Vendoring policies

This document outlines recommended Vendoring policies for Docker repositories. (Example, libnetwork is a Docker repo and logrus is not.)

Vendoring using tags

Commit ID based vendoring provides little/no information about the updates vendored. To fix this, vendors will now require that repositories use annotated tags along with commit ids to snapshot commits. Annotated tags by themselves are not sufficient, since the same tag can be force updated to reference different commits.

Each tag should:

  • Follow Semantic Versioning rules (refer to section on “Semantic Versioning”)
  • Have a corresponding entry in the change tracking document.

Each repo should:

  • Have a change tracking document between tags/releases. Ex:, github releases file.

The goal here is for consuming repos to be able to use the tag version and changelog updates to determine whether the vendoring will cause any breaking or backward incompatible changes. This also means that repos can specify having dependency on a package of a specific version or greater up to the next major release, without encountering breaking changes.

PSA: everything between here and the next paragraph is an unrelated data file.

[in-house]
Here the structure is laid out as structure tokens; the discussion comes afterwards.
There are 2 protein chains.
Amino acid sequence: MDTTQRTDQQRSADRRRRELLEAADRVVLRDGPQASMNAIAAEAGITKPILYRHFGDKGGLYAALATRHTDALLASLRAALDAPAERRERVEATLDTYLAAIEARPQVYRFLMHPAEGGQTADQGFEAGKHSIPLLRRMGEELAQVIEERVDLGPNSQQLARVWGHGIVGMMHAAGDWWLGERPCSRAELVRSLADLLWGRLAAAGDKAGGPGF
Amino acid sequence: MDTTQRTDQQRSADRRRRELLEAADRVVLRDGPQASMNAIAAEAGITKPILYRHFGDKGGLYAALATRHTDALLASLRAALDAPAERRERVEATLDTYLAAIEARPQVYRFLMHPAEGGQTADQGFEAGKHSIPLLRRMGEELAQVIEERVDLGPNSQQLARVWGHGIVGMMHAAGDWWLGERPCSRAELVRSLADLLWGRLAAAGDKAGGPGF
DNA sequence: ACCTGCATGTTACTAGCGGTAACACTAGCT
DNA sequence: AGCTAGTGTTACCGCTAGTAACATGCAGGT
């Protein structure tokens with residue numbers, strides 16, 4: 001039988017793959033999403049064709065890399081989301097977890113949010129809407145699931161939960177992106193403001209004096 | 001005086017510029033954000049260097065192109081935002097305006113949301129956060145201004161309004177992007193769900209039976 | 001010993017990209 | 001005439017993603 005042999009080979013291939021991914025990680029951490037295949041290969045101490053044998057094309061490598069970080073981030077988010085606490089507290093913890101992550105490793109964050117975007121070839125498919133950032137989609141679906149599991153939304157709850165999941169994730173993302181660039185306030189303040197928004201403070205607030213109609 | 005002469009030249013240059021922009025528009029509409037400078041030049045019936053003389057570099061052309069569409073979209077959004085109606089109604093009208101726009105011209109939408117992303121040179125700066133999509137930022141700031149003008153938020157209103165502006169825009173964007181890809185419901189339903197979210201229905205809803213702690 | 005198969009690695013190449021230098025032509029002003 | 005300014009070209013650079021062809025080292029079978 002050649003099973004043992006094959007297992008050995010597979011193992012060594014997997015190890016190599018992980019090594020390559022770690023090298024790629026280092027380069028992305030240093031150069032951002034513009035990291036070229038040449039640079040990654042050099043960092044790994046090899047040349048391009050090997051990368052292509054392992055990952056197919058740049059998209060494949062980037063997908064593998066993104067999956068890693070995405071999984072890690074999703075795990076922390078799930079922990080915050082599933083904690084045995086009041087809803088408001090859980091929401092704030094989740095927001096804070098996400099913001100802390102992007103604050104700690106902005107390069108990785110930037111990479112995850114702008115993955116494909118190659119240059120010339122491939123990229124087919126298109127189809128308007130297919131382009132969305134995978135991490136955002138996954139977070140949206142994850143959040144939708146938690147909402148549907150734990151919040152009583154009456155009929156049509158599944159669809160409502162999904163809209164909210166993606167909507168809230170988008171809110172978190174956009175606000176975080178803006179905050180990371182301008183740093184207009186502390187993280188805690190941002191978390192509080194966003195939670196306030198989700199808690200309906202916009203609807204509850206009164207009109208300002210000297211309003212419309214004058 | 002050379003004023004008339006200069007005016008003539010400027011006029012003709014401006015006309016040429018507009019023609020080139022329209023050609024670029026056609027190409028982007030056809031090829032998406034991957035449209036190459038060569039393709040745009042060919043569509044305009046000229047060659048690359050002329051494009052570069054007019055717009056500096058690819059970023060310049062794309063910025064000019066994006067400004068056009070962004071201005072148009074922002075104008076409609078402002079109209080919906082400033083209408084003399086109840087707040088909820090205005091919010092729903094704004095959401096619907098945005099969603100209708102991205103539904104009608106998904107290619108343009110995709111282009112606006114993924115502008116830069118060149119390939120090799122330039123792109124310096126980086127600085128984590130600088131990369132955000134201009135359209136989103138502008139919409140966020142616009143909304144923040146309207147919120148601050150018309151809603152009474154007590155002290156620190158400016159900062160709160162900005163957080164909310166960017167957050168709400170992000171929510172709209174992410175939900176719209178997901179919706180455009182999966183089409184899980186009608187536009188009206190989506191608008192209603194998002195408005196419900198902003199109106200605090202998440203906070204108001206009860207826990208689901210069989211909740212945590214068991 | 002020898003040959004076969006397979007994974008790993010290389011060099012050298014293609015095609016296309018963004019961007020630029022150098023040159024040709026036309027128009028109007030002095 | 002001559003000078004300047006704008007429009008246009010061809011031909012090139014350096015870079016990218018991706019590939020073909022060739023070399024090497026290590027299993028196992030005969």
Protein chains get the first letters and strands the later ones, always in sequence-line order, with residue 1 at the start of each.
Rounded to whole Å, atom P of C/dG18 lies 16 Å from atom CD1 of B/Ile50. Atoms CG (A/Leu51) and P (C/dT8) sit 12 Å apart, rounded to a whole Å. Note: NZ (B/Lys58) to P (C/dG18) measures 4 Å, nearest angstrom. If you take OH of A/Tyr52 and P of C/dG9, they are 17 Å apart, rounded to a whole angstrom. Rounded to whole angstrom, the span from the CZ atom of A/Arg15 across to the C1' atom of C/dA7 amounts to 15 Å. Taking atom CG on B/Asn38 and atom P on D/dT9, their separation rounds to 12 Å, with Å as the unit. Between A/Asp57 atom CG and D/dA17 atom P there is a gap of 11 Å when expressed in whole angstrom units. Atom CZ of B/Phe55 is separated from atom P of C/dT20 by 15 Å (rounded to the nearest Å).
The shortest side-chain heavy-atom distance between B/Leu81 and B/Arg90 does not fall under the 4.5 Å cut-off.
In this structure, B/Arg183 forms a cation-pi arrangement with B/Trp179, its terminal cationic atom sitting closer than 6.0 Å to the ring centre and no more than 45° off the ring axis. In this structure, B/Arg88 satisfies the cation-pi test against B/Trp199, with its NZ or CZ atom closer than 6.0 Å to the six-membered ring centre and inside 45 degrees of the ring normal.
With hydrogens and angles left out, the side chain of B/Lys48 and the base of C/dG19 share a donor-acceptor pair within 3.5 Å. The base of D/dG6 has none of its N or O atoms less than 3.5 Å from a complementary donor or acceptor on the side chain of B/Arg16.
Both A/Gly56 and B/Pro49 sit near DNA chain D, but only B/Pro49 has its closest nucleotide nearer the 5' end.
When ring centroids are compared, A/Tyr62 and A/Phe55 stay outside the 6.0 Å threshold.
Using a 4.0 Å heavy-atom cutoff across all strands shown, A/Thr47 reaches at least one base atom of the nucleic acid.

Semantic Versioning

Annotated version tags should follow Schema Versioning policies. According to

“Given a version number MAJOR.MINOR.PATCH, increment the: MAJOR version when you make incompatible API changes, MINOR version when you add functionality in a backwards-compatible manner, and PATCH version when you make backwards-compatible bug fixes. Additional labels for pre-release and build metadata are available as extensions to the MAJOR.MINOR.PATCH format.”

Vendoring cadence

In order to avoid huge vendoring changes, it is recommended to have a regular cadence for vendoring updates. eg. monthly.

Pre-merge vendoring tests

All related repos will be vendored into docker/docker. CI on docker/docker should catch any breaking changes involving multiple repos.